Saturday, April 05, 2014

Sketch Therapy

Since I've been working full time I haven't had a lot of time to start or finish any large paintings.  I've been reconciling myself with a lot of photo taking and sketching as a way of collecting future ideas and to keep my skills sharp.  I haven't always been a fan of sketching though.  The perfectionist in me always wants a perfect, flawless drawing as well as perfect, flawless conditions under which to perform.  The thought of keeping a sketchbook during art school was so abhorrent to me mainly because I couldn't think of anything brilliant to draw and the pressure I heaped on myself made it feel like a repugnant practice.  I also wasn't very good at drawing from my imagination as I would put down any idea within seconds of starting a sketch.  It wasn't until I started reading "Free Expression in Acrylics" by John Hammond that I finally realized that it's actually okay to have a personal preference when it comes to subject matter and to work within it:

"I like to paint in a way that is true to my initial response to the subject matter and therefore my starting point is always something I have seen and felt inspired by.  Working from imagination, or from what I know or think something should look like, is not for me, because it lacks the significance and emotion associated with a specific place or experience." (Hammond, Pg. 16)

I've always preferred to work from some sort of reference and I love to practice my amateur photography whenever I come across an interesting scene so it felt good to finally admit that I too prefer to sketch from reference.  Nothing wrong with that.  There is so much you can control when seeking out references, from composition to colour to tone.  I realized I need not wrestle with my imagination when there is so much natural beauty to refer to.  With that in mind I took a four week sketching class last fall through the Art Gallery of Ontario which specifically focused on drawing on location.  I wanted to rely on photo reference less and more from life, and to get over my crippling anxiety over perfection.  I approached the course objectively and shared my personal obstacles with my instructor so I could try to surpass them.  4 weeks is not a long time for any major revolutions but my instructor did help guide me towards a looser hand when drawing.  He stressed the importance of laying down the massive structures on the page first before descending into detail.  This advice has helped me a lot in my own approach and I find I don't obsess over minor mistakes as much anymore.

The process of roughing in the most general details first has helped me with sizing up my compositions so that everything that I want to be in the drawing will be there.  I find that if I can figure out the spatial and size relationships accurately enough everything else will work out by the time I get down to the details- kind of like assembling a puzzle.  My mind gets itself into a kind of zen state when trying to lay out all the size relationships out on the page and it's incredibly relaxing and rewarding to see the image unfold before you.

As much as I do miss painting, I've also learned to approach sketching like painting by loosening my grip on my drawing instrument- literally holding it by the end and letting my wrist do the work.  I spend more time observing the subject in front of me than focusing on the page.  If I focus too much on the page I begin to notice my hand stiffens up and the drawing begins to lose accuracy by my glazing over details.  I've created some drawings that don't look like drawings at all- more like big messes on the page- and I consider those to be as worthy as some of my more polished drawings because the process helps to inform me about what I'm trying to capture.  The ultimate goal for me is accuracy through looseness because it's more enjoyable for me and I think they make for better finished works.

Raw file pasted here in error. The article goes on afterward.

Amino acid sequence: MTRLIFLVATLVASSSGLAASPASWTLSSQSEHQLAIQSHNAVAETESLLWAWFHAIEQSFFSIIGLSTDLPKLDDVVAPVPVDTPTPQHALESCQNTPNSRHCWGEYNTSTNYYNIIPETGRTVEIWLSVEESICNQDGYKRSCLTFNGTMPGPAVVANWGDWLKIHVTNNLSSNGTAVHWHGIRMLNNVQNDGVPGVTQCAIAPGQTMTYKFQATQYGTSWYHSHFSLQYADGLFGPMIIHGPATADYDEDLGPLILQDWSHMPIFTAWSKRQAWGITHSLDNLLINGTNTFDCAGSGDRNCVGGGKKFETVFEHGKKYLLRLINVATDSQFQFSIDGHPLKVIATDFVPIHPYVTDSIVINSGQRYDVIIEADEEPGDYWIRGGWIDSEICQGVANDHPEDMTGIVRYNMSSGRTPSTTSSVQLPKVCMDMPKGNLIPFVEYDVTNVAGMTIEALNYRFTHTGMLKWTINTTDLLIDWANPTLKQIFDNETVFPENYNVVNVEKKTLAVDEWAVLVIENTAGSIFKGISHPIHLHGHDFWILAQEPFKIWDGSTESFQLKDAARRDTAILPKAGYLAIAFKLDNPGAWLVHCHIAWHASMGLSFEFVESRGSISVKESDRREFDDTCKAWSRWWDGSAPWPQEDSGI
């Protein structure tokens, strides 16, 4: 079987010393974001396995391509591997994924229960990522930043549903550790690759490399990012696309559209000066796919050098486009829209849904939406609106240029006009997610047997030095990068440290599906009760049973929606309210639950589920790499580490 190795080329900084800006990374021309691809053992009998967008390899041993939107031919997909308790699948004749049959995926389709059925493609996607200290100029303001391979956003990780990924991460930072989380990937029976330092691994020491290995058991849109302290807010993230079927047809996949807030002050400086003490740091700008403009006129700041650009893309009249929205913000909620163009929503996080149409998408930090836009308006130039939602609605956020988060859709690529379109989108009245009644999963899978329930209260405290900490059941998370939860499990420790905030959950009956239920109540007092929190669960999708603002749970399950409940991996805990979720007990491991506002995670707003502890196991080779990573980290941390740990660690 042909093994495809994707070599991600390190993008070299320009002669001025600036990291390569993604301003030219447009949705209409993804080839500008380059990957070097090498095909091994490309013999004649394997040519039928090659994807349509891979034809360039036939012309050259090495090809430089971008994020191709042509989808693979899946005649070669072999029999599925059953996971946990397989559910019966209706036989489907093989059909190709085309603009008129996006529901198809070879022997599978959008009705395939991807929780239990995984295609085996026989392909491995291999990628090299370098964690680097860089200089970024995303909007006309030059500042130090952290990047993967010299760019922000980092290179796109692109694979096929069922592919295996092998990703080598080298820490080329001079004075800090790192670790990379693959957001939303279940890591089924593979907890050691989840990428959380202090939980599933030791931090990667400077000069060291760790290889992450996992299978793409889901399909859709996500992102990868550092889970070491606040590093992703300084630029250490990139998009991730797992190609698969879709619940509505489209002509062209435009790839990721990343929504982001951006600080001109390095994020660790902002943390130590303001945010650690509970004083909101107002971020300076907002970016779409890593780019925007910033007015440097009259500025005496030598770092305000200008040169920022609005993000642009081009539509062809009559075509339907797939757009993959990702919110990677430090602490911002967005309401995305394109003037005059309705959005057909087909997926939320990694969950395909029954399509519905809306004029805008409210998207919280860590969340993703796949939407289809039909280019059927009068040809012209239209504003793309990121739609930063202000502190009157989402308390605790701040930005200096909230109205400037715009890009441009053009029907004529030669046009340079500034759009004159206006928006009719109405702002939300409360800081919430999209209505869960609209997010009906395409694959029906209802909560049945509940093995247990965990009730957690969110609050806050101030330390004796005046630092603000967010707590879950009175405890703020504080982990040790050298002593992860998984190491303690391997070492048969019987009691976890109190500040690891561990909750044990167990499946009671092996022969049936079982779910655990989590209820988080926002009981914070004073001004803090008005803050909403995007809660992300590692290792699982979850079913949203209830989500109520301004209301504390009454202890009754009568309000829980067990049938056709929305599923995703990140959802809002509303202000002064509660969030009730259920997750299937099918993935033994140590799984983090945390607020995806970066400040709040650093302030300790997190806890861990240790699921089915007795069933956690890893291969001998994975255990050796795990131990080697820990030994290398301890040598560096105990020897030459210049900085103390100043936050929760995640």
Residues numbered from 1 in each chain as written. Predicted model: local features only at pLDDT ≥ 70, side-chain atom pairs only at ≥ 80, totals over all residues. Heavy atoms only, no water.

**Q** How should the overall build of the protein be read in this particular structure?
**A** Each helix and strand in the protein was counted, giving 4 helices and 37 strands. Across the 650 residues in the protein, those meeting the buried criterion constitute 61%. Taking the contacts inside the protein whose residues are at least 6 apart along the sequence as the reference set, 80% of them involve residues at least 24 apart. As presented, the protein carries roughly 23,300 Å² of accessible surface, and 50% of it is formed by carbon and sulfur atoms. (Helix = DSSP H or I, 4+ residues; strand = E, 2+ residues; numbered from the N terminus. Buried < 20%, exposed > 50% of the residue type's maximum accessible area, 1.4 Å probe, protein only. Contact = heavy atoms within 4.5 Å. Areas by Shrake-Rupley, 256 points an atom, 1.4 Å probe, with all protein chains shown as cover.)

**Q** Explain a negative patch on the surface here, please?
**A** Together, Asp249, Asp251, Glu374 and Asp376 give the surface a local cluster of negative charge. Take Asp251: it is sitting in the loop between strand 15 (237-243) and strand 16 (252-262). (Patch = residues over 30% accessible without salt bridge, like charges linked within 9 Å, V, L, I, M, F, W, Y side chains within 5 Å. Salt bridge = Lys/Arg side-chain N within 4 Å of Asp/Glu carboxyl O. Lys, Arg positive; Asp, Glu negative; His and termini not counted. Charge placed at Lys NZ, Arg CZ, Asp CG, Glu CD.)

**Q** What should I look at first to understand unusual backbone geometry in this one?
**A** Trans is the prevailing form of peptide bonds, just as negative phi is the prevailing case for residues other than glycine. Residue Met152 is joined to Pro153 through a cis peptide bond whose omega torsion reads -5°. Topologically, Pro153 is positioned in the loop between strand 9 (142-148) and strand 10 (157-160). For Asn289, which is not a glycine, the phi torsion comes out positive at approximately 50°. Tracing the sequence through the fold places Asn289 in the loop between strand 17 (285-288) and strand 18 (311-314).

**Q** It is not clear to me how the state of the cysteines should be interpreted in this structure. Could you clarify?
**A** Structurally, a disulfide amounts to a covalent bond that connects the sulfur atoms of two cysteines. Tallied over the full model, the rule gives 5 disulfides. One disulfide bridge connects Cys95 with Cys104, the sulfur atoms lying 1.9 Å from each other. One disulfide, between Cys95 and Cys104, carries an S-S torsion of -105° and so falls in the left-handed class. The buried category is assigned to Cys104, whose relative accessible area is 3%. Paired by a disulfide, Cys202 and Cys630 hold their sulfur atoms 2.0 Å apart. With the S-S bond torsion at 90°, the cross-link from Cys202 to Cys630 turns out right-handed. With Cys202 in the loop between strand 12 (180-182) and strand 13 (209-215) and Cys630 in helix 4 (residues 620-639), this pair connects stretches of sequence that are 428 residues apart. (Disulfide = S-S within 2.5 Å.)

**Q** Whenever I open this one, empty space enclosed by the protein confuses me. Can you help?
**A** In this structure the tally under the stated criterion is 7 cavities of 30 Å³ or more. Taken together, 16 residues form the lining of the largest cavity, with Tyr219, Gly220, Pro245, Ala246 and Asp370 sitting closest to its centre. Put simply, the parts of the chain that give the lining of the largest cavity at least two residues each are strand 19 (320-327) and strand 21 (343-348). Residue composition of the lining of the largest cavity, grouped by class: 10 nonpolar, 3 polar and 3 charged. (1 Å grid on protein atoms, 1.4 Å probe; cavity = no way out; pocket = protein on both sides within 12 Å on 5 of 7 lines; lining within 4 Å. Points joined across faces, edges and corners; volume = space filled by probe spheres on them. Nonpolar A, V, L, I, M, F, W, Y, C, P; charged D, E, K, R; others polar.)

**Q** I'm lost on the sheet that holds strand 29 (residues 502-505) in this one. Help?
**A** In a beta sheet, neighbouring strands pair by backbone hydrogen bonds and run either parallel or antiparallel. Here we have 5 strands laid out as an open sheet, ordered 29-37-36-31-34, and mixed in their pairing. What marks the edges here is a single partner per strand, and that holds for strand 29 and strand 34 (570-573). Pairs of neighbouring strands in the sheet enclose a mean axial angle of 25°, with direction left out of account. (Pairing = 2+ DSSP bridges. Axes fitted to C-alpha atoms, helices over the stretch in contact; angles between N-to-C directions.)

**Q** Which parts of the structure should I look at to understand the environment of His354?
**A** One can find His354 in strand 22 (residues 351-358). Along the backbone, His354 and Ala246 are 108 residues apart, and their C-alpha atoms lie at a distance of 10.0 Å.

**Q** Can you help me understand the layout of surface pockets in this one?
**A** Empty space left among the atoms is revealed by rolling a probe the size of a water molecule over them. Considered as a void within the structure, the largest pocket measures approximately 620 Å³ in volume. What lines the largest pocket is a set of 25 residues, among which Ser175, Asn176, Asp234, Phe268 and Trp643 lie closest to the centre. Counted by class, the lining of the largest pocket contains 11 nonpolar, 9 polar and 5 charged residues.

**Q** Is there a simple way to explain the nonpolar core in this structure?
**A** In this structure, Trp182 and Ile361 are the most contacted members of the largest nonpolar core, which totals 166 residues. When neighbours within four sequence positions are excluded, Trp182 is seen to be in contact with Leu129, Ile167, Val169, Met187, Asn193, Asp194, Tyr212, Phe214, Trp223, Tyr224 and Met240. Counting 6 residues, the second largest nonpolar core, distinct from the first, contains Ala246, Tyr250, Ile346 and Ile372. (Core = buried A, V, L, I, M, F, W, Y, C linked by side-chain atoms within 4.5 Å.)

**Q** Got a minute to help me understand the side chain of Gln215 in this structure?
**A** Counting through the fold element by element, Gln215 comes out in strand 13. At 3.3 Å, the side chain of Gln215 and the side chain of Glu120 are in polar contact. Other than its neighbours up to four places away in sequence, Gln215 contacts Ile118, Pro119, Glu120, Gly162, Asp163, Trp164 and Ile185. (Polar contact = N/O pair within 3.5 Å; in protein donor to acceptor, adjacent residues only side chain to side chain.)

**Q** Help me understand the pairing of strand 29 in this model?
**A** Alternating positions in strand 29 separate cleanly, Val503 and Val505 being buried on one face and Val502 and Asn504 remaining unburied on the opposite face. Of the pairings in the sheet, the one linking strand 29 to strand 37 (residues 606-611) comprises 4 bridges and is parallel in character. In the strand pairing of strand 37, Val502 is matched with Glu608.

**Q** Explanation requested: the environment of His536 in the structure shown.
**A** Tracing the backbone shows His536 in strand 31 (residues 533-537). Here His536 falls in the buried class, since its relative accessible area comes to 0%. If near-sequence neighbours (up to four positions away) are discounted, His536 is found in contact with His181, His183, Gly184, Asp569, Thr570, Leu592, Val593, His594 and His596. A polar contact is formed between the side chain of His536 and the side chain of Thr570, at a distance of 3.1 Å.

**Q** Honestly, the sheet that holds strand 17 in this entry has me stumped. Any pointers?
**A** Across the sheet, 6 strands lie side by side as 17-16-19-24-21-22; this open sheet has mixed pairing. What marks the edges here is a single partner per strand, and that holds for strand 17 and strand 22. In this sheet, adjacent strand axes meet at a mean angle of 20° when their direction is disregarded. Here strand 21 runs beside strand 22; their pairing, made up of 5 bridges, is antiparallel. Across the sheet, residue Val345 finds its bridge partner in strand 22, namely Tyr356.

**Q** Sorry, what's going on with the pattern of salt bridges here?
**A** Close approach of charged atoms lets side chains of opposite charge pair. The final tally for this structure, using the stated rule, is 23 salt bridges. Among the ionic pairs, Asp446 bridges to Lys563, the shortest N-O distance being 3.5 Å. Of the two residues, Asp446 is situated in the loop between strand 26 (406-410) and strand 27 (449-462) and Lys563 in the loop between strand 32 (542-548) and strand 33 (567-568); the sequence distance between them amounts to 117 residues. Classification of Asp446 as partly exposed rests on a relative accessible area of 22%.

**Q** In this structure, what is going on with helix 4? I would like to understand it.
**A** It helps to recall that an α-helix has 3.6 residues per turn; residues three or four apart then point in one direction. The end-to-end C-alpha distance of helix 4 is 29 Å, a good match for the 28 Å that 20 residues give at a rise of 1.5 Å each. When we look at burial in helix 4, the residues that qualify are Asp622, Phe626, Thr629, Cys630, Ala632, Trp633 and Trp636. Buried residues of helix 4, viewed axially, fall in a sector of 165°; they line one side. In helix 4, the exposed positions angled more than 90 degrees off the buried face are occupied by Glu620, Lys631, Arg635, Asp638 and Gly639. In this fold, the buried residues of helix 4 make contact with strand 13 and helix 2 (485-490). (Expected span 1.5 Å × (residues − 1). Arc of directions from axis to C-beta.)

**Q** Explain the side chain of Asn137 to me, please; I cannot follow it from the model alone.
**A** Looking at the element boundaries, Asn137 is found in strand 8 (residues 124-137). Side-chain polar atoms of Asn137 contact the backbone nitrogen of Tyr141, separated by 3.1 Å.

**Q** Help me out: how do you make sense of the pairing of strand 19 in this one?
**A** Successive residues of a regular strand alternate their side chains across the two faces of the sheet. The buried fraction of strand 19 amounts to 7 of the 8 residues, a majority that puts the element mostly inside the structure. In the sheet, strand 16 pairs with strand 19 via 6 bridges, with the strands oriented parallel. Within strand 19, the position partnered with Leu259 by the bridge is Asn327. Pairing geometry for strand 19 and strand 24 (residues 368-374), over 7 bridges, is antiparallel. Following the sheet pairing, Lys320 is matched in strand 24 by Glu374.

To see some of the sketches I've done since I took the course, you can visit my Facebook fan page:

Friday, April 04, 2014

Where Have I Been?

Okay, so it's been a while since I last posted anything.  There have been some dramatic life changes in the past year- first, I got married to my partner Jason last summer and I basically went right into full time work from there.  There hasn't been as much time for creating artwork as I would like.  It's been very difficult for me to balance between a full work week and painting and I do miss it dearly.  I have been doing a few sketches here and there but nothing major.  Come this summer I have big plans to reignite my art practice.  I have a new website I'm working on and this blog will become more of a personal art journal- still mostly the same content but maybe with a couple more introspective entries on some of the struggles I share with other artists who are trying to balance between passion and getting paid.  Nothing too heavy though- there will still be instructional pieces and artwork posts.  I look forward to sharing my stories with you and hearing from you too.  

Sunday, December 02, 2012

Meeting MP Olivia Chow

I participated today in a Art Show being held at MP Olivia Chow's constituent office during her annual holiday party.  It was pretty much grab a painting and set up anywhere you can but it was just such a great opportunity to show your work and gain exposure at a high profile event.  The turn out was amazing and I got a lot of interest in my work which was a (much needed) boost to my ego.  Part way through the event I had the idea of propping up my iPad next to my painting in order to showcase a lot of my other work and that really seemed to get a lot of peoples' attention just by the innovation alone.  As one of my art teachers once said, 'never leave home without your portfolio because you never know when you're going to need it'.  That proved especially true in this case.